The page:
India’s first attempt to put a robotic spacecraft on the surface of the moon three years ago ended in a crash and a crater. Now it is ready to try again.

The mission, called Chandrayaan-3, comes amid renewed interest in exploring the moon, but in the past decade, only China has managed to land a spacecraft there in one piece. That could change soon. Chandrayaan-3 is the first of as many as six missions that could successfully land on the moon in the coming months.

The launch is scheduled for Friday, July 14, at 5:05 am Eastern time (2:35 pm local time). The Indian Space Research Organization – India’s equivalent of NASA – will begin broadcasting coverage of the flight on its YouTube channel at 4:30 am

Chandrayaan means “moon craft” in Hindi. After the rocket carrying Chandrayaan-3 lifts off, a propulsion module will push the spacecraft out of Earth’s orbit and then allow the mission to enter orbit around the moon.

Attached to the module are a lander and a rover that will attempt to land on the lunar surface in the south polar region of the moon.

The landing is scheduled for August 23rd or 24th, when the sun will rise at the time of landing, and will end two weeks later when the sun sets. While on the surface, the solar-powered lander and rover will use a range of instruments to make thermal, seismic and mineralogical measurements.

Chandrayaan-3 is basically a handover of part of a moon mission in 2019. After launch, the mission successfully orbits the moon. That mission’s lander, Vikram, and rover, Pragyan, made a landing attempt on September 6, 2019. But at about 1.3 miles above the surface, the lander’s trajectory deviated from the planned path and India’s mission controllers back on the Earth lost contact.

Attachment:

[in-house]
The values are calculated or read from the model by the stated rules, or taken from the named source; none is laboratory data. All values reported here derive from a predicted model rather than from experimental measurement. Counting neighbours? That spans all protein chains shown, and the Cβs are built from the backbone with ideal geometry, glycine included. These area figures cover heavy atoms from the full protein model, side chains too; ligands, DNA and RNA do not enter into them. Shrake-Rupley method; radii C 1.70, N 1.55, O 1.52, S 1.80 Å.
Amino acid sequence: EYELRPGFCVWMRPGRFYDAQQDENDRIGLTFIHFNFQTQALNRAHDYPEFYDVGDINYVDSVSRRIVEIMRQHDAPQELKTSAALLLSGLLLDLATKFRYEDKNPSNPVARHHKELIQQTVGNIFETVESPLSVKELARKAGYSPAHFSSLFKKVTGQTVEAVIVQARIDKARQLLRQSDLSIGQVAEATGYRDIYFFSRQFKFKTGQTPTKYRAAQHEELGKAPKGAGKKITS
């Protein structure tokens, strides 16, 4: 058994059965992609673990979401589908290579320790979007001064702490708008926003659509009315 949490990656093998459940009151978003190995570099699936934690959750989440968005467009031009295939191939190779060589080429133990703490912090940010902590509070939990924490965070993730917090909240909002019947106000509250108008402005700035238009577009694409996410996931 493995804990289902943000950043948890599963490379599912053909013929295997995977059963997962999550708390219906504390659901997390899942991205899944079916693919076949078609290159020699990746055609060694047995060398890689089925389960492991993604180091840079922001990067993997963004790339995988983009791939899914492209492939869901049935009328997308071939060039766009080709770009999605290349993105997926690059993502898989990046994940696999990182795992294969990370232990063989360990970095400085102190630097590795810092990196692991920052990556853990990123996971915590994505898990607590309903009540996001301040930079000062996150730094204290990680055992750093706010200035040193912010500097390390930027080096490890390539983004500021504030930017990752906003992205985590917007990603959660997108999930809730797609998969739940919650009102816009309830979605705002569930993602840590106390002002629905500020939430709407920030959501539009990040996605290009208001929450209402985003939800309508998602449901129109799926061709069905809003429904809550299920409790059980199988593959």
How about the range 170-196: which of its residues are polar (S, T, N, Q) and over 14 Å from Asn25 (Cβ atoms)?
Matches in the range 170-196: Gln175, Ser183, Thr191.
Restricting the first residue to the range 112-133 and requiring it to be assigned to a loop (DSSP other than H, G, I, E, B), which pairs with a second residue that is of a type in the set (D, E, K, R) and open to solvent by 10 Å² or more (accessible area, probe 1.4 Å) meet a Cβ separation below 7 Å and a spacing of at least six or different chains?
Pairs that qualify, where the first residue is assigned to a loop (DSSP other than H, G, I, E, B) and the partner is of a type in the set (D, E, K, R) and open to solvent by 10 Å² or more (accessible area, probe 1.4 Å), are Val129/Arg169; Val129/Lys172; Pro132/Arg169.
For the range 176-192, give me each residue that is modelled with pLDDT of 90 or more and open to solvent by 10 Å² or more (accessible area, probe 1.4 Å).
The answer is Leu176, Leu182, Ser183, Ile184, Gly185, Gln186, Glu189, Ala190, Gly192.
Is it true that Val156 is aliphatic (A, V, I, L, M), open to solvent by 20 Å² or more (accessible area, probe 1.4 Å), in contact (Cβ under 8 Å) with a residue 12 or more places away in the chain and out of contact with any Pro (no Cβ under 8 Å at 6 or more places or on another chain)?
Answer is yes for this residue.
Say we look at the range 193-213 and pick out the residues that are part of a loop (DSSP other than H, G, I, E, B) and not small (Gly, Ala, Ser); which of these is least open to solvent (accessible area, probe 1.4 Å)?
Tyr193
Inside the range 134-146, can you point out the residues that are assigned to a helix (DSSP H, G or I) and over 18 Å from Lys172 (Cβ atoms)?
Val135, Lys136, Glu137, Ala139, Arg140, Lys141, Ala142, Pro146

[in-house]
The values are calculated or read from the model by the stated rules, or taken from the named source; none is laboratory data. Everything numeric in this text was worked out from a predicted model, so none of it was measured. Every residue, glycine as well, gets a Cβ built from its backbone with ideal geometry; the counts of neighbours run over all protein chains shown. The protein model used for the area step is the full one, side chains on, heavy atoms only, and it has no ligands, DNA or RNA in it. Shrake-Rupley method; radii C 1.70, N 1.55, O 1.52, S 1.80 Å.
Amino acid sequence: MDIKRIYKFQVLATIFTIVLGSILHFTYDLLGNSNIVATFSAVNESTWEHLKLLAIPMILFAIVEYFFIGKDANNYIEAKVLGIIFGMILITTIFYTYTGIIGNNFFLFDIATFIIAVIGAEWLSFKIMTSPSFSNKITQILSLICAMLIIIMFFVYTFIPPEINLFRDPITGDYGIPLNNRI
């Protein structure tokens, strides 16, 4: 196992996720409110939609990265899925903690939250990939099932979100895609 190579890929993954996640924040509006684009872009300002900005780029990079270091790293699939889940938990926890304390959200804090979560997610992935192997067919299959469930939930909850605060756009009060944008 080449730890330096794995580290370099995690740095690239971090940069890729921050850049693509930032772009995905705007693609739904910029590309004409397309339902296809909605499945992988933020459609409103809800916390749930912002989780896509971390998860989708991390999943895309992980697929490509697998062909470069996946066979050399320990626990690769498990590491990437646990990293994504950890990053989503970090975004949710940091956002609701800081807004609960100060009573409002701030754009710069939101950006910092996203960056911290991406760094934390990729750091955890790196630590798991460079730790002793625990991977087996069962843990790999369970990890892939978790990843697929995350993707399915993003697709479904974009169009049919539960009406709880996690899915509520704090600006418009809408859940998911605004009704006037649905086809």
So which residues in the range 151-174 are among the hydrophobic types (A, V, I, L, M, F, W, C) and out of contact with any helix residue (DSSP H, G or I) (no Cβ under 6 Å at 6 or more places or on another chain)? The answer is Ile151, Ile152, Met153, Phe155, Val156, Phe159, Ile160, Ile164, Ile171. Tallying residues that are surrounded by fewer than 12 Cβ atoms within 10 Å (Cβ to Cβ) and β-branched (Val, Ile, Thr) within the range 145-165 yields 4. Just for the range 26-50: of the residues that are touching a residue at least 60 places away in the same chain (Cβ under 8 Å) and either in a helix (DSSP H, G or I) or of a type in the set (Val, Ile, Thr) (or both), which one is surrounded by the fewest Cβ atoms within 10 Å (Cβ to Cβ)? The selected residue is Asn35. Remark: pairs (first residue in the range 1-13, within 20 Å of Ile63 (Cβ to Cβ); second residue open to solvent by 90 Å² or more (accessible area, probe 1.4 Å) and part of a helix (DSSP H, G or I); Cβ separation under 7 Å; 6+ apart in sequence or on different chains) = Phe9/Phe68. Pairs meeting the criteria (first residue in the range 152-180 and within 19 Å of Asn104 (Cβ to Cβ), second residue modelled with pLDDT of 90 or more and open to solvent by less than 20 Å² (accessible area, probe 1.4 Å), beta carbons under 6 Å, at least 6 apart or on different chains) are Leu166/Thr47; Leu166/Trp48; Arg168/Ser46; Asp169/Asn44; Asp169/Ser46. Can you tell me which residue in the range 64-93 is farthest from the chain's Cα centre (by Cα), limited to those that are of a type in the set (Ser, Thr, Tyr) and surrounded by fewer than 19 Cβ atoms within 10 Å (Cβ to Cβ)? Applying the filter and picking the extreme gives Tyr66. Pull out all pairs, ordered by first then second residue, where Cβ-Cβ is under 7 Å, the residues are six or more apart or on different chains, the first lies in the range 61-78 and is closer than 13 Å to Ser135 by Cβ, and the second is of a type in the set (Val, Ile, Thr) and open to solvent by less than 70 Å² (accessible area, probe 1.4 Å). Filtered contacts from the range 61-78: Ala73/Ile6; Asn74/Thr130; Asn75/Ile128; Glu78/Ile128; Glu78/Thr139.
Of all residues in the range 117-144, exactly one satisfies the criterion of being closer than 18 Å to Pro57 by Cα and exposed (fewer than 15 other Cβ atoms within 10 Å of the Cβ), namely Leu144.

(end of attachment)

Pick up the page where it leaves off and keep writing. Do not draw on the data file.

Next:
Months later, an amateur Internet sleuth in India used images from a NASA orbiter to find the crash site of the lander and rover, which the American space agency confirmed to be accurate.

While Vikram and Pragyan were lost, the third part of Chandrayaan-2, an orbiter, was successful. The spacecraft continues to travel around the moon, where its instruments are used for scientific study, and it will serve as the communications relay for the new Vikram lander and Pragyan rover on Chandrayaan-3. Therefore, Chandrayaan-3 does not include another orbiter.

India’s space program is a source of national pride, as is the country’s growing cadre of commercial space companies. When the country’s Mangalyaan spacecraft entered orbit around Mars in 2014, children across India were asked to arrive at school by 6:45 am, well before the usual start time, to watch the event on state television.

Narendra Modi, India’s prime minister, was at the mission control center in Bengaluru and hailed the Mars mission “as a shining symbol of what we are capable of as a nation.”

For the Chandrayaan-2 landing test, Mr. Modi was again at the space center, but his address later was more subdued. “We have come very close, but we will have to cover more ground in the times to come,” he told the scientists, engineers and staff.

Later in his address, Mr. Modi added: “As important as the end result is the journey and the effort. I can proudly say that the effort was worth it and so was the journey.”

India is developing a spacecraft, Gaganyaan, to carry astronauts into orbit, which is now expected no earlier than 2025.

The country is increasing its cooperation with the United States for space missions. Earlier this year, the White House announced that NASA would provide training for Indian astronauts “with the goal of making a joint effort to the International Space Station in 2024.”

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